Paula Gilmore co-owns Tips Nail Salon in Foster City, Calif. A nail technician for 15 years, Gilmore is frequently invited to lecture on business topics and salon management. She has worked as an educator for a major manufacturer and has been involved in other industry associations. Gilmore hopes to emphasize business issues and financial understanding in her tenure on the NIA board.

Kathy Herman Haller owns two salons in Arlington, Texas, one of which was named in the NAILS Top 100 Salons in 1992. A nail technician for 10 years, Haller says her specialty is education and training, and she has developed a training seminar for artificial nail techniques. Although she judges more than she competes these days, her own trophy collection includes honors from WINBA and the Southwest Nail Competition. Haller is frequently invited to speak on industry issues and salon management at cosmetology schools and women’s organizations.

Deborah Nichols has worked in the nail industry for 11 years, during which time she has opened three salons. She currently owns and runs a 13-station full-service salon in Westboro, Mass. She has been an educational sales consultant with a major manufacturer and trained that company’s educators. She credits her extensive travel in the United States and Europe with providing her a unique perspective and understanding of the nail industry.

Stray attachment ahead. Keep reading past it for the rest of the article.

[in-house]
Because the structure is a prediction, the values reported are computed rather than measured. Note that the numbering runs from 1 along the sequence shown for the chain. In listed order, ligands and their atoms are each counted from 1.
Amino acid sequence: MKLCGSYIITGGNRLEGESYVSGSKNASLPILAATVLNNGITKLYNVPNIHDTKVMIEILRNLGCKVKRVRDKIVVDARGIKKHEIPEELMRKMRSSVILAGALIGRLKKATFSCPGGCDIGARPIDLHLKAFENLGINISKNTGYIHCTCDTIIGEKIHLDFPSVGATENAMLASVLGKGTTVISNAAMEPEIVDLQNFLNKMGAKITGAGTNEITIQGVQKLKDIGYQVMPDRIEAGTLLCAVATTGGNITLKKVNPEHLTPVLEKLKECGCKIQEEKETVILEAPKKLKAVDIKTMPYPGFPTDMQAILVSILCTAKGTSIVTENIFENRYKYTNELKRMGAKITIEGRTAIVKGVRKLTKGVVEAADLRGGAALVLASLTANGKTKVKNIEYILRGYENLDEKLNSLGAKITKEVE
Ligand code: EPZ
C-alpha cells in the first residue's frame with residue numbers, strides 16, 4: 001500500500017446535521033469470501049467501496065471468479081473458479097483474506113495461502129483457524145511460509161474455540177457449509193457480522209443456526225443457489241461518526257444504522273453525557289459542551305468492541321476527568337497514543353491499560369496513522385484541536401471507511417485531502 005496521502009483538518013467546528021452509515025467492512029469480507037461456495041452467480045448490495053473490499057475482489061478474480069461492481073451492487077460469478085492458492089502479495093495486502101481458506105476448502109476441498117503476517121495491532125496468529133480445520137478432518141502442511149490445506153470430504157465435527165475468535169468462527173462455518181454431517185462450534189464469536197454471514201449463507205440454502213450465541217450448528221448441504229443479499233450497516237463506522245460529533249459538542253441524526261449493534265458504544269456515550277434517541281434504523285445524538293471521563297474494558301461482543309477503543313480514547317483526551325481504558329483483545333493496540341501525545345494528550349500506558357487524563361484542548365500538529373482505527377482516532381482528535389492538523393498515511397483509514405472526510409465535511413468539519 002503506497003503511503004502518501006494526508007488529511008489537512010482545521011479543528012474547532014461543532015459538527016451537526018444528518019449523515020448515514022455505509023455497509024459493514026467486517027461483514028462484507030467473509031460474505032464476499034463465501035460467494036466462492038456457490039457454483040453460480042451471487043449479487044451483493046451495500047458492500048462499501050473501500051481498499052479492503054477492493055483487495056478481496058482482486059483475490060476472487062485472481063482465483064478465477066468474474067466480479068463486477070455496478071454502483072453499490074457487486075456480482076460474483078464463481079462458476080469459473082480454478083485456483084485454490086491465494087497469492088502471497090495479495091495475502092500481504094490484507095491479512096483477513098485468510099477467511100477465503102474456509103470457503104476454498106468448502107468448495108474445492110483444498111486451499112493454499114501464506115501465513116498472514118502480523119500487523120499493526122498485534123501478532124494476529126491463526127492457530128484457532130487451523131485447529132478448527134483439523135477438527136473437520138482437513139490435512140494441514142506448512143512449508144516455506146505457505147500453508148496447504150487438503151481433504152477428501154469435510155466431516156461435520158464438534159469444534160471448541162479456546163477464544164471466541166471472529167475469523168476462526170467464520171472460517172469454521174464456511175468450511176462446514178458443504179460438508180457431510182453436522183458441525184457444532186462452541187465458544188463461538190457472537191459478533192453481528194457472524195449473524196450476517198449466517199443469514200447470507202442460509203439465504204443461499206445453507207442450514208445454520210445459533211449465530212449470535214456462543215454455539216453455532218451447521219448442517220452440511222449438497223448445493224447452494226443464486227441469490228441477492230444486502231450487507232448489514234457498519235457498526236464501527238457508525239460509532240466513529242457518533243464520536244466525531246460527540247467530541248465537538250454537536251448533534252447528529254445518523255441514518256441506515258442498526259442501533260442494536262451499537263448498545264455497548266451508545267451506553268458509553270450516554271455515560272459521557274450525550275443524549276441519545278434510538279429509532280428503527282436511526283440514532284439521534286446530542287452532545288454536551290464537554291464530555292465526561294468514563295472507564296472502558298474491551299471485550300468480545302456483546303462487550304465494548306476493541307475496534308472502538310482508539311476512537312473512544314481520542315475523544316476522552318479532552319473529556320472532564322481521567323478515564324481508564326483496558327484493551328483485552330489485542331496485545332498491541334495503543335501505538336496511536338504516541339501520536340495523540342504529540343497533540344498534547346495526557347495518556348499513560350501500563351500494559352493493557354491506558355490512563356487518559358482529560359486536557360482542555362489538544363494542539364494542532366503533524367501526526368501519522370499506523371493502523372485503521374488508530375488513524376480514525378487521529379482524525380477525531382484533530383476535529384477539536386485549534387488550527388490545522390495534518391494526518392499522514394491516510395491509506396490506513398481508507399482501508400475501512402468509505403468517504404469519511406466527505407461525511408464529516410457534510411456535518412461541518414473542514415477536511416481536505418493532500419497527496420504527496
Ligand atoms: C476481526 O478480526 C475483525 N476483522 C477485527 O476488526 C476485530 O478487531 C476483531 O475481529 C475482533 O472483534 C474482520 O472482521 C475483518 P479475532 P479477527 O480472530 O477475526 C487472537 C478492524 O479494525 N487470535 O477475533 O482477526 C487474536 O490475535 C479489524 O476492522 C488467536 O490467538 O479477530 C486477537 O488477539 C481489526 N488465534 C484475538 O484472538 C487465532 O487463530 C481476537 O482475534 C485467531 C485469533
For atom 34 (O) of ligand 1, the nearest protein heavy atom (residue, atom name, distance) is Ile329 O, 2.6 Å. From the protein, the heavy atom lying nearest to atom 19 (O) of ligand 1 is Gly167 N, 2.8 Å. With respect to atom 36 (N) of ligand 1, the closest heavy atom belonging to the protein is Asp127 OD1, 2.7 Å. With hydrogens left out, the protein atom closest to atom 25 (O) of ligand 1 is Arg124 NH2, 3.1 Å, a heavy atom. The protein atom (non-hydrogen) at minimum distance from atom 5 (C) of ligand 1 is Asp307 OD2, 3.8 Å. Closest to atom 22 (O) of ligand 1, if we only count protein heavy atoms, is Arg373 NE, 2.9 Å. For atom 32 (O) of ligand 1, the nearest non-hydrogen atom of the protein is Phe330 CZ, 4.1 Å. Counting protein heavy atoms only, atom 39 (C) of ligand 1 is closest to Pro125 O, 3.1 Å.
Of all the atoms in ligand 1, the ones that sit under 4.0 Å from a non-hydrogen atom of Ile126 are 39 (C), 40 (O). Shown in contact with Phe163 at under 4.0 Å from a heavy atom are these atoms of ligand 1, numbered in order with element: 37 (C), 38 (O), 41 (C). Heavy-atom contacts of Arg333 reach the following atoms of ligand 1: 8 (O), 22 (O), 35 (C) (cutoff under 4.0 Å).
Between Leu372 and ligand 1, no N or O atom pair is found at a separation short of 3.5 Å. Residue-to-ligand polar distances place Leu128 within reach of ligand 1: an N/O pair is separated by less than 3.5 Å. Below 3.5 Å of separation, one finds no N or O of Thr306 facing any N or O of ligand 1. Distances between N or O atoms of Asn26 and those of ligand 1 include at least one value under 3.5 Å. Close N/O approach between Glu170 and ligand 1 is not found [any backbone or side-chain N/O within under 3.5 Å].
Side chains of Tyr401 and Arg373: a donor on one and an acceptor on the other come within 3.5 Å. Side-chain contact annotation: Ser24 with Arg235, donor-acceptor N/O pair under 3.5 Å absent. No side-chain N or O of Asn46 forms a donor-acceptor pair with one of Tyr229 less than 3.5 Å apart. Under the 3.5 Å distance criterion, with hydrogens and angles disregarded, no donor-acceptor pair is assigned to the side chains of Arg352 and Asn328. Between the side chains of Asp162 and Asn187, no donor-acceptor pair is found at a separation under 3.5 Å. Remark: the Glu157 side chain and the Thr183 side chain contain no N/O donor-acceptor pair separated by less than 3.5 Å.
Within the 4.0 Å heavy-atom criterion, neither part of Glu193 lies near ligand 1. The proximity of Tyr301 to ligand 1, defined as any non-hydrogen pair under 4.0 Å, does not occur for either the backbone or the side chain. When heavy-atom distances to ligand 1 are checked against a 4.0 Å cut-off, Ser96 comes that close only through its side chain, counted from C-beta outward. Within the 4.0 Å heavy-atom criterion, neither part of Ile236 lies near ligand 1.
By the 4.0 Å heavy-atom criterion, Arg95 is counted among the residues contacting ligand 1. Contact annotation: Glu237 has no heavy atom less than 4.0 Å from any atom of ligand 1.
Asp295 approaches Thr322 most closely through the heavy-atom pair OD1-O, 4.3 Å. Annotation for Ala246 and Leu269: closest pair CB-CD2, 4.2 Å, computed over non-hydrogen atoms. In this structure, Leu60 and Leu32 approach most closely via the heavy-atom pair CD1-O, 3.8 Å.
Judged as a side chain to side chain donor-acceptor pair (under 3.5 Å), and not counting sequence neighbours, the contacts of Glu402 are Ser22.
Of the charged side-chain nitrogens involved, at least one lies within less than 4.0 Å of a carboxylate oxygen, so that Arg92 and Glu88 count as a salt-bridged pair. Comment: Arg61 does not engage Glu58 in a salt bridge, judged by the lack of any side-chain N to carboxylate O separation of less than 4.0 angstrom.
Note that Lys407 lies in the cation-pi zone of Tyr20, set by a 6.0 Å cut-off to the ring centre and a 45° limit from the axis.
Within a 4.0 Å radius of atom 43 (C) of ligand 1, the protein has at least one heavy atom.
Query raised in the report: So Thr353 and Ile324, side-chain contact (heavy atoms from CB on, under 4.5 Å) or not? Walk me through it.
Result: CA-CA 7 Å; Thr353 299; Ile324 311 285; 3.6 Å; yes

The NIA was established by NAILS Magazine and Bobit Publishing to provide a professional association to represent the needs of nail technicians. Among the many member benefits are a year’s subscription to NAILS Magazine, a professional and general liability insurance package with a $500,000 per incident limit that covers a technician in the event she’s sued, and the NIA Discount Club, which provides discounts on everything from supermarket purchases to travel. Members are also eligible for a variety of other programs, including a comprehensive health insurance program, a legal referral network, and discounted vision and dental care.

Each board member was chosen for her dedication to bettering the nail industry. All five women have demonstrated their energy and enthusiasm by becoming involved in industry activities outside the salon.

“WOULD YOU DO A PEDICURE ON AN ELEPHANT?” Michelle Fiore and Barbara Derberry were doing manicures for a couple of people from Caplan and Capozzi, a public relations firm for the Ringling Bros. Barnum and Bailey Circus, when they were asked how they’d like to perform a pedicure for a publicity stunt. The firm called Jeanne Brooks, owner of Brooks Hair Salon in Pittburgh, Pa., to invite the nail technicians to give a pedicure to Toni the elephant. Because the circus didn’t allow any chemicals to be used on Toni, Fiore and Derberry used a bucket of water and a brush to clean the elephant’s charcoal-darkened toenails. The cleanup was followed by “filing” and “painting” the toenails with huge clown props. “There were a lot of clowns who helped us out,” says Fiore. “We did the pedicure and talked to the elephant---it was fun.”